Superintendent Jody Monroe – Staff Opening Day remarks

Good morning and welcome back to the 2016-17 school year. I chose this video to begin the day because I wanted to kick off this school year with some laughter. The last several years have been filled with a lot of uncertainty and I believe that it’s time for us to lighten up and bring humor, joy and excitement back into our work and our schools.  This will be the focus of some of our Continuous Improvement work during the year.

This year, I challenge all of us, including myself, to make our schools positive, so that all of our students feel welcome, cared for and excited about their learning.

Between the school day, co-curricular activities and other events, many students spend as much time with us – or more – than they do at home. They board the bus and arrive at our schools each morning; some ready to learn and others preoccupied or not as prepared as we might like. Each day – and for every one of our students – we have the ability to make their day great or simply make it better. It is a choice, each and every one of us sitting here this morning can make as we enter the new school year. Our frame of mind, enthusiasm, compassion, humor and appreciation of all that we have will be projected onto our students and the experiences they have each day.  Think about your own experiences as a student, and for some of us this is much further back than others, who do you remember and why?

Let me share an experience I had as a young teacher. I believe I was in my second or third year of teaching when I had the good fortune of co-teaching with a fabulous veteran teacher. That year we had a student who was terrified of speaking in public and the thought of doing any kind of presentation, resulted in extreme anxiety.

One of the projects we planned required our students to make a formal presentation to the class. We would video tape them and, they, in turn, would assess their own presentation skills. This particular student had completed all of the work, but when it was time to do her presentation, she refused.  Being the inexperienced teacher that I was, of course I encouraged her.  I spoke to her privately, but ultimately, told her she had to do this by the deadline or she would end up with a ZERO! 

I didn’t understand at the time that this simply gave her the out she was looking for; she would be happy to take the zero in lieu of having to do a public presentation. And, as a bonus, Ms. Monroe would stop bugging her about it. 

However, my more seasoned colleague knew better. She suggested a different approach.  She spoke with the student and complimented all of the work she had completed. She let her know how proud she was and then offered the student something different.  She offered the student more time to practice and once she felt ready, she could come in after-school to present to just the two of us. 

I was shocked and quietly thought to myself, “she won’t do it”…  but, about two weeks later with some gentle reminders, she came in one day after school and completed her presentation. It was still a struggle for her. She had to stop several times, but she did it. You should have seen her face when she was done; she was beaming. That was something very special to see.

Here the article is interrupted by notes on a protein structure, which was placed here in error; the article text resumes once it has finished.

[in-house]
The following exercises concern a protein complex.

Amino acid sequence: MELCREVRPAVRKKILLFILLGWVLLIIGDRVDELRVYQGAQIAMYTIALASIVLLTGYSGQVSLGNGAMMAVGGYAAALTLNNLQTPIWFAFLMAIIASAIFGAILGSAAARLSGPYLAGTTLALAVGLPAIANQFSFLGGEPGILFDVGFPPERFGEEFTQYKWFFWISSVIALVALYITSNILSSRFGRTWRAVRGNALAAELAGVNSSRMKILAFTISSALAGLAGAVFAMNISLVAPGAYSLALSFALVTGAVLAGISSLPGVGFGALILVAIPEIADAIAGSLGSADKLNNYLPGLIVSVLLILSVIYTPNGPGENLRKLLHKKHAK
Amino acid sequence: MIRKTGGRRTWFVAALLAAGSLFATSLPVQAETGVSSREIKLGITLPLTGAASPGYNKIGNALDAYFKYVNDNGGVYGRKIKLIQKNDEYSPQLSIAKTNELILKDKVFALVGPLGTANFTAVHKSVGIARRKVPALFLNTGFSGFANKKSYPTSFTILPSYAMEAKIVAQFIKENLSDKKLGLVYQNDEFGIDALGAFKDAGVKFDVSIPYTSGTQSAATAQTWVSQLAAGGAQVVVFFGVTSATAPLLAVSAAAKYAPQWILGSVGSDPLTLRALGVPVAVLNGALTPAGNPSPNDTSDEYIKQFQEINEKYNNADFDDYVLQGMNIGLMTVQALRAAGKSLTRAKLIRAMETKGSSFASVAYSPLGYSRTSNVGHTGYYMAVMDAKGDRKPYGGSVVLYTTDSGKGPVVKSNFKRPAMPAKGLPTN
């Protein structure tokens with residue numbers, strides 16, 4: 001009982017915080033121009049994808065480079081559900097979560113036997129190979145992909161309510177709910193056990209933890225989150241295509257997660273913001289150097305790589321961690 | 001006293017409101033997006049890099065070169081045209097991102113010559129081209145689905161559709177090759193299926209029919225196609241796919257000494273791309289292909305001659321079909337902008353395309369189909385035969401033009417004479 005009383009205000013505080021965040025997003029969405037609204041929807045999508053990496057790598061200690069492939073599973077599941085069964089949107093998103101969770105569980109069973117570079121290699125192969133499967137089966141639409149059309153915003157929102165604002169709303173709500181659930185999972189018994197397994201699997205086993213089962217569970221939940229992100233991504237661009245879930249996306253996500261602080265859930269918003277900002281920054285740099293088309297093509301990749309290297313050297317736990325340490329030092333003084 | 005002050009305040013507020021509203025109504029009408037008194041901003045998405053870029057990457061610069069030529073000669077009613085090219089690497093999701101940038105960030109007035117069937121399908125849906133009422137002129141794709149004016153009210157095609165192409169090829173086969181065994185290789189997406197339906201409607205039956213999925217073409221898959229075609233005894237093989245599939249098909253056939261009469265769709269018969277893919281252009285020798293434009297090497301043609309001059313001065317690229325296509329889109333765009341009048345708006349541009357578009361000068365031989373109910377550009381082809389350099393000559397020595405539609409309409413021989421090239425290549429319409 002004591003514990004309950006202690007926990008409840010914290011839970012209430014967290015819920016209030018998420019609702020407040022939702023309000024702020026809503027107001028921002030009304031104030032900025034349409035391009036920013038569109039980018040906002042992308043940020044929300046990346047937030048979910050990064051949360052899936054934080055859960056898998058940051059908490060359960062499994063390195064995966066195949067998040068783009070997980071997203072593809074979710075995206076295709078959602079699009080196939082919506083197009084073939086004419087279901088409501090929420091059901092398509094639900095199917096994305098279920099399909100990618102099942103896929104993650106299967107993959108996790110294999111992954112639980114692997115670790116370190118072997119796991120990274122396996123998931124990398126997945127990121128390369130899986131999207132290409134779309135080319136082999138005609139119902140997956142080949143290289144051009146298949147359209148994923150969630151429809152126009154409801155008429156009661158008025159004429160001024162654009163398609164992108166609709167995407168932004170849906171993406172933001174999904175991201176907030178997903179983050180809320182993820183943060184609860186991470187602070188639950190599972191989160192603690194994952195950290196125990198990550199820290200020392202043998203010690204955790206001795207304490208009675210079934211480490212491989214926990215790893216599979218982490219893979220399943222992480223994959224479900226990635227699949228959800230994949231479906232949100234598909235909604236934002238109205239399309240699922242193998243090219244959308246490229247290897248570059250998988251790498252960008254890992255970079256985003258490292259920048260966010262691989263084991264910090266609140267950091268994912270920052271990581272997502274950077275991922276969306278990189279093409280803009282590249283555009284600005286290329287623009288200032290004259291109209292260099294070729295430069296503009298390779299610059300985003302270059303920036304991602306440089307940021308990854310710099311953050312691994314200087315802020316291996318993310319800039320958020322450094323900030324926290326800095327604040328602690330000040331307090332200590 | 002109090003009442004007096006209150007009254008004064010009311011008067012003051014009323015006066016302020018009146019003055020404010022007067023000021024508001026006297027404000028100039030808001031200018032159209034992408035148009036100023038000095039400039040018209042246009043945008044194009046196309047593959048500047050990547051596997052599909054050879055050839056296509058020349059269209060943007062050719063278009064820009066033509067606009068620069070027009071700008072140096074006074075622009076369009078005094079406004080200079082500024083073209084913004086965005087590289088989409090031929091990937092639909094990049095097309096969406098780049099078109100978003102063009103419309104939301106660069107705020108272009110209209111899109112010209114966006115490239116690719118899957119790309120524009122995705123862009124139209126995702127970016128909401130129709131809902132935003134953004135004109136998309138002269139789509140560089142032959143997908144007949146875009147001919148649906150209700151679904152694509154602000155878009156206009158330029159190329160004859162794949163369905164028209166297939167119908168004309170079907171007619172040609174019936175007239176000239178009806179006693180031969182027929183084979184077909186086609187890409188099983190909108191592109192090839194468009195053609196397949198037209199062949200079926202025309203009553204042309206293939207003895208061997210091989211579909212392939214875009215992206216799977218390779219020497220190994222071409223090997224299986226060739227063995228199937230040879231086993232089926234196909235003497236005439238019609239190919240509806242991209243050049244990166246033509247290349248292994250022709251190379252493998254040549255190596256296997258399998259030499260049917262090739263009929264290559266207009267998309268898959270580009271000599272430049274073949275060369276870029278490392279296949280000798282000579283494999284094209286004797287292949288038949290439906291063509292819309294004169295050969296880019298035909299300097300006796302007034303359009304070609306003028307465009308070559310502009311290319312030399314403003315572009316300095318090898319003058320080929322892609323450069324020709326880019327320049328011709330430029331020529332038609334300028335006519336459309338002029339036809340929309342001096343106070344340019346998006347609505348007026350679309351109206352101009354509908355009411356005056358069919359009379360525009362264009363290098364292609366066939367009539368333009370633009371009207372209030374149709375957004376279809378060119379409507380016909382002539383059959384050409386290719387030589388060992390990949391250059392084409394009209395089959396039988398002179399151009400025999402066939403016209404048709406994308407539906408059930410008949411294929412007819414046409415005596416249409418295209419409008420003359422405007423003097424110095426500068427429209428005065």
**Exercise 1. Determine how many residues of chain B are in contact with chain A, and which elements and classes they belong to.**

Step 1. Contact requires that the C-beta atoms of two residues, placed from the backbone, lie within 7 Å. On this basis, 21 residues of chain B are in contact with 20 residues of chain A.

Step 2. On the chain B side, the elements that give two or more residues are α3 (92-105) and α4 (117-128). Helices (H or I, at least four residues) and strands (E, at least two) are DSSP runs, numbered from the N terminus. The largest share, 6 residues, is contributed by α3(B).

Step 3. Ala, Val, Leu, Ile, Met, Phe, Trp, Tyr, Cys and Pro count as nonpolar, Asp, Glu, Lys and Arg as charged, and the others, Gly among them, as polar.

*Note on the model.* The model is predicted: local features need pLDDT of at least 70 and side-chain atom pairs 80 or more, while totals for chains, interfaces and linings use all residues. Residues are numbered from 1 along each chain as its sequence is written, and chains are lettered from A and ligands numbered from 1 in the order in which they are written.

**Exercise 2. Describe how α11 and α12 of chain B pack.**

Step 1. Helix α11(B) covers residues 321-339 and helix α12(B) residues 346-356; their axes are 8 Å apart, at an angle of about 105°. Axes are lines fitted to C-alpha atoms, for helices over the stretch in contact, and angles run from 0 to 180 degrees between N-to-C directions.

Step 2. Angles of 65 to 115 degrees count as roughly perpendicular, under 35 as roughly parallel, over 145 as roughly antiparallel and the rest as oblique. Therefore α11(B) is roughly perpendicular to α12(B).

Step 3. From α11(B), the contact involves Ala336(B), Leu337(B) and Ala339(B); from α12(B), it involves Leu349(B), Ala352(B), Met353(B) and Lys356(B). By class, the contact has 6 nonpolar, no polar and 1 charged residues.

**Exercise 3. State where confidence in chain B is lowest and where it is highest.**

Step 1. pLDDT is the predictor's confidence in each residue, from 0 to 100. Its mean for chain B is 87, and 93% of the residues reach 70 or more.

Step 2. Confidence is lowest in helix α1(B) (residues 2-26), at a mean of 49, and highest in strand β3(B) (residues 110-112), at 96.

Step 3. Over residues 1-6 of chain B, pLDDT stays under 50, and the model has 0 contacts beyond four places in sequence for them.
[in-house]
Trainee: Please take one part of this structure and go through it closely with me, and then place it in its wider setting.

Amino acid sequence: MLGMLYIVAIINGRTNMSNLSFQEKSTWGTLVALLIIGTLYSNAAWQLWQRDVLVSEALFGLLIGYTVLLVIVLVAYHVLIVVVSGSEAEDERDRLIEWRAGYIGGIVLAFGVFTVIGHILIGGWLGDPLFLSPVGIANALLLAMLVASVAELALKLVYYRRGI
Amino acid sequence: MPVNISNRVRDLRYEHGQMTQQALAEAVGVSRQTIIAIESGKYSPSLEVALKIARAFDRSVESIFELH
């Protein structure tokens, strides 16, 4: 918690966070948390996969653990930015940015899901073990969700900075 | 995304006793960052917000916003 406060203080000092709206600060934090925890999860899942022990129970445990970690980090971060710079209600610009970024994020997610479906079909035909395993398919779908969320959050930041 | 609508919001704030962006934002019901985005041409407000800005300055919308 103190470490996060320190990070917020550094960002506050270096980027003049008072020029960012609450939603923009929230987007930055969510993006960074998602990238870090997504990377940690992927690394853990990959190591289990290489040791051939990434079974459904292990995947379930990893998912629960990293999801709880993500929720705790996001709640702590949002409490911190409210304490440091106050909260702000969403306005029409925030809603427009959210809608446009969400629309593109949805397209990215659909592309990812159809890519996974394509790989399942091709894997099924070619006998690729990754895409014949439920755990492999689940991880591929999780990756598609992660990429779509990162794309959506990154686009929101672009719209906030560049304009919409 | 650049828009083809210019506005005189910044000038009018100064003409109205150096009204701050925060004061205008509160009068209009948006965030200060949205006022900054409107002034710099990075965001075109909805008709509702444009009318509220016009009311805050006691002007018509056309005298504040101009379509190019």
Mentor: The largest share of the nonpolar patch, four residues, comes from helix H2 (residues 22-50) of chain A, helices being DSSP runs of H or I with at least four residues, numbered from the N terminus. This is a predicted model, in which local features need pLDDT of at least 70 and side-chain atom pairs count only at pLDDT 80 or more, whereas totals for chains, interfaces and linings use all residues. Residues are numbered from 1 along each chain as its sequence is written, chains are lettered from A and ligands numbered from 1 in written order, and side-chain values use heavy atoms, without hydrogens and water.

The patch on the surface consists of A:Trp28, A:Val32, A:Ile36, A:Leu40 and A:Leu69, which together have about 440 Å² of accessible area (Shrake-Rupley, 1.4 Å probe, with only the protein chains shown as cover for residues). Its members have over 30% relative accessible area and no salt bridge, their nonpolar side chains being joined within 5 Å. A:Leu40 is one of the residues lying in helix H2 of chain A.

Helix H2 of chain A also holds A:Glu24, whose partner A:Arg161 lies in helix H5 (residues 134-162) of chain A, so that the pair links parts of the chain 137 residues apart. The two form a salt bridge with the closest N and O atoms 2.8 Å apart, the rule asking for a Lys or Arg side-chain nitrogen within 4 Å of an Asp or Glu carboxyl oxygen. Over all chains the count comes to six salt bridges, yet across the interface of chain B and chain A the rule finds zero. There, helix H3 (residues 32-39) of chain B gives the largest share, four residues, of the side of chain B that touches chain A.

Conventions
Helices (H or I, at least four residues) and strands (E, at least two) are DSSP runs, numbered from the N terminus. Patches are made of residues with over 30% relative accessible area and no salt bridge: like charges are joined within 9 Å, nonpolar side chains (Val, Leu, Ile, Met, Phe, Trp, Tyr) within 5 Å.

My colleague taught me that what we do, how we react, and the environment we create is so important for students to feel successful. After this experience, I realized that we can set deadlines and we can use grades to motivate many of our students, but not everyone responds to the “black and white.”  This is a people business, like no other and we need to think in shades of grey. We have to recognize that a “one size fits all approach,” doesn’t work with our students. We have to recognize the setting and relationships we create matter more than we often realize; in fact, these can matter more than any content we will ever teach or any grade we will ever assign.

It is not just what we do for our students, either, but what we do for one another.

In his book, All I Really Need to Know I Learned in Kindergarten, Robert Fulghum wrote,

“Without realizing it, we fill important places in each other’s lives. It’s that way with the guy at the corner grocery, the mechanic at the local garage, the family doctor, teachers, neighbors, coworkers. Good people who are always “there,” who can be relied upon in small, important ways. People who teach us, bless us, encourage us, support us, uplift us in the dailiness of life. There are always those who couldn’t do without you. The rub is that you don’t always know who.” 

We are in the midst of what some call the information age, while others believe we are now entering the innovation age or experience age. Regardless of what this time is called, we need to prepare our students for their futures.   The CEO of Automation Anywhere, Mihir Shukla suggests that future success will rely on, “Our ability to use our intellect for complex problem solving, our need for more immersive experiences and entertainment, and our ability to empathize with others.”  In order to prepare our students for an uncertain future, we need to create atmospheres that develop these important skills, where students feel safe, supported and inspired.

I think we can all agree that we want to fully prepare our students for their futures, wherever that may lead them.  It is our responsibility to help create the circumstances that allow students to soar. 

I hope that you all have a great opening to the school year.  I continue to feel honored to work with such a tremendous staff!  In closing, it is my distinct pleasure to share a song that Mike DeAngelis, who as many of you know retired this past June, wrote to kick off our year and celebrate all of the wonderful people here at BC!